In the midst of a global pandemic might not be the best time to open a new business, unless your goal is to help provide a healthier lifestyle alternative for people and boost their immunity health.
That's the philosophy behind The Juice Joint which recently opened in Wilmington's Riverfront neighborhood.
Co-owners Lanice Wilson and Renee Sellers said the concept for The Juice Joint came out of a lunch meeting at a Riverfront restaurant during the winter of 2019.
"I was like - let's open up a juice bar," said Wilson, "and Renee said 'let's do it.' In five seconds we had the name, everything, during that lunch."
The women have been juicing themselves for a couple of years.
"Her [Lanice's] daughter introduced her to it," said Sellers. "Her daughter lives in California, she came back from California and introduced me to it and it went on from there."
Sellers said she suffers from complications of an auto-immune disease and the juicing has helped with inflammation and her energy levels.
The women had planned to open months ago but like a lot of businesses, Sellers said they were sidetracked by the coronavirus.
"Gratefully we decided to go ahead and open because we know juicing is good for health," said Sellers. "We thought we'd bring it to the community and they have embraced us fully."
"We definitely wanted to bring health to the community especially in this time of pandemic," said Sellers.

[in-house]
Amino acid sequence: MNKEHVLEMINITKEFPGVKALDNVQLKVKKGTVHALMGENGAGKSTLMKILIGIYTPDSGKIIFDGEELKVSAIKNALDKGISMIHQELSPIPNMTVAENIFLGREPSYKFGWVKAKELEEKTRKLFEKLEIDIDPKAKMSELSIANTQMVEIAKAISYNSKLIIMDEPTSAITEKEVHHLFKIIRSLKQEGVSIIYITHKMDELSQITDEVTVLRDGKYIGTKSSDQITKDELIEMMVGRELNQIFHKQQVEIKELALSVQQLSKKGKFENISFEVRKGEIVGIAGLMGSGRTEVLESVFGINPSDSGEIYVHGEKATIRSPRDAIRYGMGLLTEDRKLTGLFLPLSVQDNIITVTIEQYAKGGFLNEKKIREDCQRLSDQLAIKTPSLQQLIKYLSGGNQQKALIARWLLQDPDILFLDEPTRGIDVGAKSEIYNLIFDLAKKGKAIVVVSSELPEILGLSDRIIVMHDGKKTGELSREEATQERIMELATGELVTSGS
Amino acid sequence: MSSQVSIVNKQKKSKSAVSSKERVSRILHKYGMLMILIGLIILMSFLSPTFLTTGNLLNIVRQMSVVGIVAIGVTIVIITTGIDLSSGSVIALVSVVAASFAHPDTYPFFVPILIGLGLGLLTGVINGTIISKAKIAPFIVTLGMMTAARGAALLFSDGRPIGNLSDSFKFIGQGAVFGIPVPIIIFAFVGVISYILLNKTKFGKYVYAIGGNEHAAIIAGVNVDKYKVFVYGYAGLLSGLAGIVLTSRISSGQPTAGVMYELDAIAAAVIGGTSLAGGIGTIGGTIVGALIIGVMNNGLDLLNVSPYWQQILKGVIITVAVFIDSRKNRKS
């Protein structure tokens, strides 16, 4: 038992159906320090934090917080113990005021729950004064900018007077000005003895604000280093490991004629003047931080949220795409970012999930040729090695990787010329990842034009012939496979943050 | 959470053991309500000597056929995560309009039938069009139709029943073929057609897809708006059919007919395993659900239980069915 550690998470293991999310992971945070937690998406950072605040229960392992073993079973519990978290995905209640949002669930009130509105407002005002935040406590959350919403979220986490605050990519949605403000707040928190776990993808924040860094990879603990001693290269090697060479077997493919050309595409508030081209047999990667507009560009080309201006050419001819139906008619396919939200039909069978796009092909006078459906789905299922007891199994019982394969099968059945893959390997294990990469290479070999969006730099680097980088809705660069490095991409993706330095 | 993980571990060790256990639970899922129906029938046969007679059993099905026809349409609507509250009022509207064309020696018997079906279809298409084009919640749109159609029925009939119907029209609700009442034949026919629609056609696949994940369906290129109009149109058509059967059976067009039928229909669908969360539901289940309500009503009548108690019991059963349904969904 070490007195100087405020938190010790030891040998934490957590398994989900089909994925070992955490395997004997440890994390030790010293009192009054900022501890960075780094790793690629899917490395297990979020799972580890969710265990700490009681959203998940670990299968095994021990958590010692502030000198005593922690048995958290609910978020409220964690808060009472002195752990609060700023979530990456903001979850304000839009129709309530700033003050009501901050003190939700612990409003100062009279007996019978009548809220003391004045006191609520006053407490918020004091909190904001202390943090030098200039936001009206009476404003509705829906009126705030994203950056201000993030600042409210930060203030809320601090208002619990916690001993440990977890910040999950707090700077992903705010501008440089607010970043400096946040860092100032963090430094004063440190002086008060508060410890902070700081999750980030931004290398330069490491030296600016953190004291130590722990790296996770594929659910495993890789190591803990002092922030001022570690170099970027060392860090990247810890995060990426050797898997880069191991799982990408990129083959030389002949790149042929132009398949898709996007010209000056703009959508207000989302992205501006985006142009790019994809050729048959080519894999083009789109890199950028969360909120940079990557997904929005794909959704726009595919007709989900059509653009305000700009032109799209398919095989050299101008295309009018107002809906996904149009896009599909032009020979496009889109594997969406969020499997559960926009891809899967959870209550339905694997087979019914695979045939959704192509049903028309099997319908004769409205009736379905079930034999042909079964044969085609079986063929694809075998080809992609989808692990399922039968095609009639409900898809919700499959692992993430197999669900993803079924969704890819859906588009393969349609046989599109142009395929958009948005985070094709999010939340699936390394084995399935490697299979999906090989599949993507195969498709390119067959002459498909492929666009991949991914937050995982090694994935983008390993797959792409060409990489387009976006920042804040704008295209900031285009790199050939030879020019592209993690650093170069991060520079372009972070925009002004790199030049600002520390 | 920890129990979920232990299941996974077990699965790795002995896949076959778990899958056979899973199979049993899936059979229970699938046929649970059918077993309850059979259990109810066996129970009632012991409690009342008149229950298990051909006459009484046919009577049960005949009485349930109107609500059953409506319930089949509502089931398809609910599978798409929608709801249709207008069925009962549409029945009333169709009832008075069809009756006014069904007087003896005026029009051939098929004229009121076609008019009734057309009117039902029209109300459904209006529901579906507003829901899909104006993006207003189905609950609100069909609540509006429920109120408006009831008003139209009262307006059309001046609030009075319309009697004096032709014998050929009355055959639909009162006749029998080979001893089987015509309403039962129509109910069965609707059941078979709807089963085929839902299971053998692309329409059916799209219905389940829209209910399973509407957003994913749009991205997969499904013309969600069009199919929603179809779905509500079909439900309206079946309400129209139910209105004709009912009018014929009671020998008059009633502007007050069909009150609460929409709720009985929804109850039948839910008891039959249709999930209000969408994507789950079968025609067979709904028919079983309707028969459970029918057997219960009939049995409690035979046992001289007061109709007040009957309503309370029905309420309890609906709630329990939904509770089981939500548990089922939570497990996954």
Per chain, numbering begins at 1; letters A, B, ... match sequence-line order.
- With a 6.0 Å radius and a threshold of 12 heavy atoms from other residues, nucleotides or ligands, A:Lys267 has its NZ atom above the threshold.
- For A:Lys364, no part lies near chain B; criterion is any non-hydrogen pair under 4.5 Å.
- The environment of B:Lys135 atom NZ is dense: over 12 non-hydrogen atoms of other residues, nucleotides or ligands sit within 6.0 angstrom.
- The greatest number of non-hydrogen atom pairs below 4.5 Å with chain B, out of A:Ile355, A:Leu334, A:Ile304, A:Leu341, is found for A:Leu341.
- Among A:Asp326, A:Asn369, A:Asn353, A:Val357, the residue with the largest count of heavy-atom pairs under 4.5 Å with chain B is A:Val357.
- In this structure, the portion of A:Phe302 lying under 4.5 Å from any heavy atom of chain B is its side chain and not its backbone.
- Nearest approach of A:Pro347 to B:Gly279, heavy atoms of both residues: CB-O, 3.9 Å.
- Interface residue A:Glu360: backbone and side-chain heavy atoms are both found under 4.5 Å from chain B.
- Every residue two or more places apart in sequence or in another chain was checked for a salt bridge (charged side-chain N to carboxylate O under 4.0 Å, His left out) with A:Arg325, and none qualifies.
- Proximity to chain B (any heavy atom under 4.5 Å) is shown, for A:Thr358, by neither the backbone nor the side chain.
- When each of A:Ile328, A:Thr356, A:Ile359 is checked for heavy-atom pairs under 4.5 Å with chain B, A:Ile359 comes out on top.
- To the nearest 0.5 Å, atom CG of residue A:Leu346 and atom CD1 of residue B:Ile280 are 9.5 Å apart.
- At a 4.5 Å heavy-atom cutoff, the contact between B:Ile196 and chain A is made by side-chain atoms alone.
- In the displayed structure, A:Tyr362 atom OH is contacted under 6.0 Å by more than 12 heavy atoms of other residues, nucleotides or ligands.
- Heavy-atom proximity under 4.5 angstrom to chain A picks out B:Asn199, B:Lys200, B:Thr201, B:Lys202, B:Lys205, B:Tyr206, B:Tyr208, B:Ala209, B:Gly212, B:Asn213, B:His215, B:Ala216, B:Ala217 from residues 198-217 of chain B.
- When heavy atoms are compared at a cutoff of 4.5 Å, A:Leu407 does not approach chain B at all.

The Juice Joint offers pressed juices using what they call unique profiles.
"Some of our juices have rosewater and different ingredients that not found in a typical juice bar," said Sellers.
And Wilson said they use 'tons' of fruits and vegetables in their juices and smoothies.
"So there's spinach, there is sweet potato, oranges, beets, romaine lettuce, celery, cucumber, mint, all things to enhance your immune system," said the women.
The women are cognizant of the toll COVID-19 has taken on the African-American community but they want to promote healthy lifestyle alternatives for everyone.
"With Renee and I being black we definitely want to encourage our own community to take their health seriously and invest in self care," said Wilson.
"We're examples of that, that's whey we're here, that's why we are promoting The Juice Joint, but we're not specifically geared toward one community. We want everybody to focus on their health. We know juicing particularly can enhance that."
The pair planned on hiring two part-time employees to bolster themselves in running The Juice Joint but as a result of their successful debut they now have a staff of eleven including two full-time employees.
They were also perfectly positioned for this week's virtual Democratic National Convention at the Chase Center with a pair of staffers from a national television network stopping in while WDEL was on location.
In addition to human health, the pair are concerned about the planet too.
"Not only are we trying to provide healthy options in what we would consider a healthy food desert, we also are taking steps to reduce our carbon footprint," said Wilson.
"All of our cups and lids are biodegradable, they're made out of corn," said Wilson. "Our souffle cups that our dressings are in when you get a salad are made out of sugar cane. We use paper straws. We're very conscious."
They're also looking to partner with an organization or school that is interested in composting as the juicing creates a considerable amount of pulp.
The Juice Joint is located in the 3-hundred block of Justison Street across from Constitution Yards.